- Plan amendments comply with the redundancy rules of these proposed regulations if they meet a three-prong test:
- 1. They eliminate optional forms of benefits that are redundant with retained options;
2. They eliminate optional forms of benefits that have annuity starting dates at least 90 days (equal to the number of days in the maximum QJSA explanation period) after the amendment adoption date; and
3. They satisfy the requirements of paragraph (e) in that they are “burdensome and of a de minimis value.”
[Treas. Reg. § 1.411(d)-3(c)(1)]
Under the regulations, an optional form of benefit that is being eliminated is “redundant” with a retained optional form if:
1. The retained optional form is available to the participant;
2. The retained optional form is in the same “family”;
3. There are no materially greater restrictions for the participant on the retained optional form; and
4. If it is a “core option,” then the eliminated optional form and the retained optional form are identical, not considering actuarial factors, annuity starting dates, pop-up provisions, and cash refund features. [Treas. Reg. § 1.411(d)-3(c)(3)]
[Treas. Reg. § 1.411(d)-3(c)(2)]
The regulations define six “families” of optional forms of benefit and indicate that any optional form of distribution that is not in this closed list represents its own family. Therefore, as long as one optional form of benefit from within the family is retained, then other optional forms of benefit from within the family may be eliminated by a plan amendment. The six families are:
1. A 50 percent to 100 percent joint and survivor annuity (regardless of term certain provisions, pop-up provisions, or cash refund features);
2. A 1 percent to 49 percent joint and survivor annuity;
3. A 1-year to 10-year certain and life annuity;
4. An 11-year or higher term certain and life annuity;
5. A 1-year to 10-year installment payment; and
6. An 11-year or higher term installment payment.
[Treas. Reg. § 1.411(d)-3(c)(4)]
- Additionally, there are rules on eliminating options that have Social Security leveling, return of employer contributions, and retroactive annuity date features. If an optional form of benefit that is being eliminated includes either a Social Security leveling feature or a refund of employee contributions feature, the retained optional form of benefit must also include that feature, and, to the extent that the optional form of benefit that is being eliminated does not include a Social Security leveling feature or a refund of employee contributions feature, the retained optional form of benefit must not include that feature. For purposes of applying this paragraph (c), to the extent an optional form of benefit that is being eliminated does not include a retroactive annuity starting date feature, the retained optional form of benefit must not include the feature. [Treas. Reg. § 1.411(d)-3(c)(5)]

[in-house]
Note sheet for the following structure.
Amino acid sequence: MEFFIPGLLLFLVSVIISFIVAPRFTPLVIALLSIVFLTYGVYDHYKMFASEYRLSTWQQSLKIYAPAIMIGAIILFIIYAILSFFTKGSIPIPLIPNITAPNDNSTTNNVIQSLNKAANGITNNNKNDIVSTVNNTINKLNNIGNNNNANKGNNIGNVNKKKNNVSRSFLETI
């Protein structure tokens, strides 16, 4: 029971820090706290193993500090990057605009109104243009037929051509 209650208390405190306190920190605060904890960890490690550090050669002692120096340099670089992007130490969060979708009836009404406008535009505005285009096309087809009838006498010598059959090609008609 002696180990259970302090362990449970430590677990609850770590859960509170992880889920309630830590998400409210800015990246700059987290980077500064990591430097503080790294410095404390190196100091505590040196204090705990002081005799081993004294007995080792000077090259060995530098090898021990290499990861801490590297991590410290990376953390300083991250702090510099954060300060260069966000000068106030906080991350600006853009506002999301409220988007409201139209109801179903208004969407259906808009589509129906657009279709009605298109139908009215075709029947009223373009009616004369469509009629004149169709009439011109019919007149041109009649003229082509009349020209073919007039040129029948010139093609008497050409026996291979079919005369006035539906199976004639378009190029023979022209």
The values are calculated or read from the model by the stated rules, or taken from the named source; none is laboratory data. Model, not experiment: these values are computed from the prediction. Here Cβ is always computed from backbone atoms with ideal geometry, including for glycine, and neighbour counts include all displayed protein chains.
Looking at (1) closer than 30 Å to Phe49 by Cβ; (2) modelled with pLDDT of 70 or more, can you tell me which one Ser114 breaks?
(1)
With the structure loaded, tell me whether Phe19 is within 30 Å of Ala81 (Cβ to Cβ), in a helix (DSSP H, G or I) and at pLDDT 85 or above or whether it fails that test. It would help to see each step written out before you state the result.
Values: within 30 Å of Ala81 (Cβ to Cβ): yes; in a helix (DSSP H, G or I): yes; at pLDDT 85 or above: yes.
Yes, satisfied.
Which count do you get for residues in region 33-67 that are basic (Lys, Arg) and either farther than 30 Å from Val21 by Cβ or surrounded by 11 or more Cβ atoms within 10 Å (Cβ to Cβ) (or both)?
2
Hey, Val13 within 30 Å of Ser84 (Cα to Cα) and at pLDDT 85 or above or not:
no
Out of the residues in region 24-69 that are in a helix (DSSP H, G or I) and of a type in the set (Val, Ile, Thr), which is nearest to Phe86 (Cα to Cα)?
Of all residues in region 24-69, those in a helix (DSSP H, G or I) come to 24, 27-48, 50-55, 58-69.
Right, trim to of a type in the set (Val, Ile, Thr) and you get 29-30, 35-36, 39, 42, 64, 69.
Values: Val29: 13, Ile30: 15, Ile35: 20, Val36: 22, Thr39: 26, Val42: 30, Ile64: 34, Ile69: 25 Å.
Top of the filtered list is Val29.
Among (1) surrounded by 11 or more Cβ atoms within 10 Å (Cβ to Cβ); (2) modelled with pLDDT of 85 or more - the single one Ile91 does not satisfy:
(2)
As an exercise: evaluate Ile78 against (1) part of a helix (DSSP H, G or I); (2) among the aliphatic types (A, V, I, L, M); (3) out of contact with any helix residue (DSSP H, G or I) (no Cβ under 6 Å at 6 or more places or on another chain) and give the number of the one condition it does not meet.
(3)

- Example. The MD defined benefit plan allows distributions at any time after age 55. At each potential annuity starting date, a participant can elect a straight life annuity or any number of actuarially equivalent forms of benefits, including a straight life annuity with a COLA and a joint and survivor benefit with any continuation percentage from 1 percent to 100 percent and the ability to name any beneficiary. The plan is amended (adopted September 2, 2004 to be effective January 1, 2005) to delete all continuation percentages in the J&S option other than 25 percent, 50 percent, 75 percent, and 100 percent.
There are four “families” of optional forms of benefits before the amendment: (1) a straight life annuity; (2) a straight life annuity with COLA; (3) all joint and survivor annuities with a continuation percentage of 0 percent to 49 percent; and (4) all joint and survivor annuities with a continuation percentage of 50 percent to 100 percent. The amendment affects only the third and fourth families.
The amendment is allowed because it satisfies the three requirements under paragraph (c) of Treasury Regulations Section 1.411(d)-3 :
1. The retained 25 percent J&S annuity is redundant with all other options in the third family and the retained 50 percent, 75 percent, and 100 percent J&S annuities are each redundant with all other options in the fourth family. In addition, neither the eliminated options nor the retained options include Social Security leveling, return of employee contributions, or retroactive annuity starting date features. Furthermore, the amendment does not eliminate any of the core options, including the most valuable option for a participant with a short life expectancy;
2. The amendment is not effective with respect to annuity starting dates that are less than 90 days from the date of the amendment; and
3. Since the retained optional forms of benefit are available on the same annuity starting date and have the same actuarial present value as the optional forms that are being eliminated, then the amendment does not need to comply with the “burdensome” and “de minimis” requirements of paragraph (e).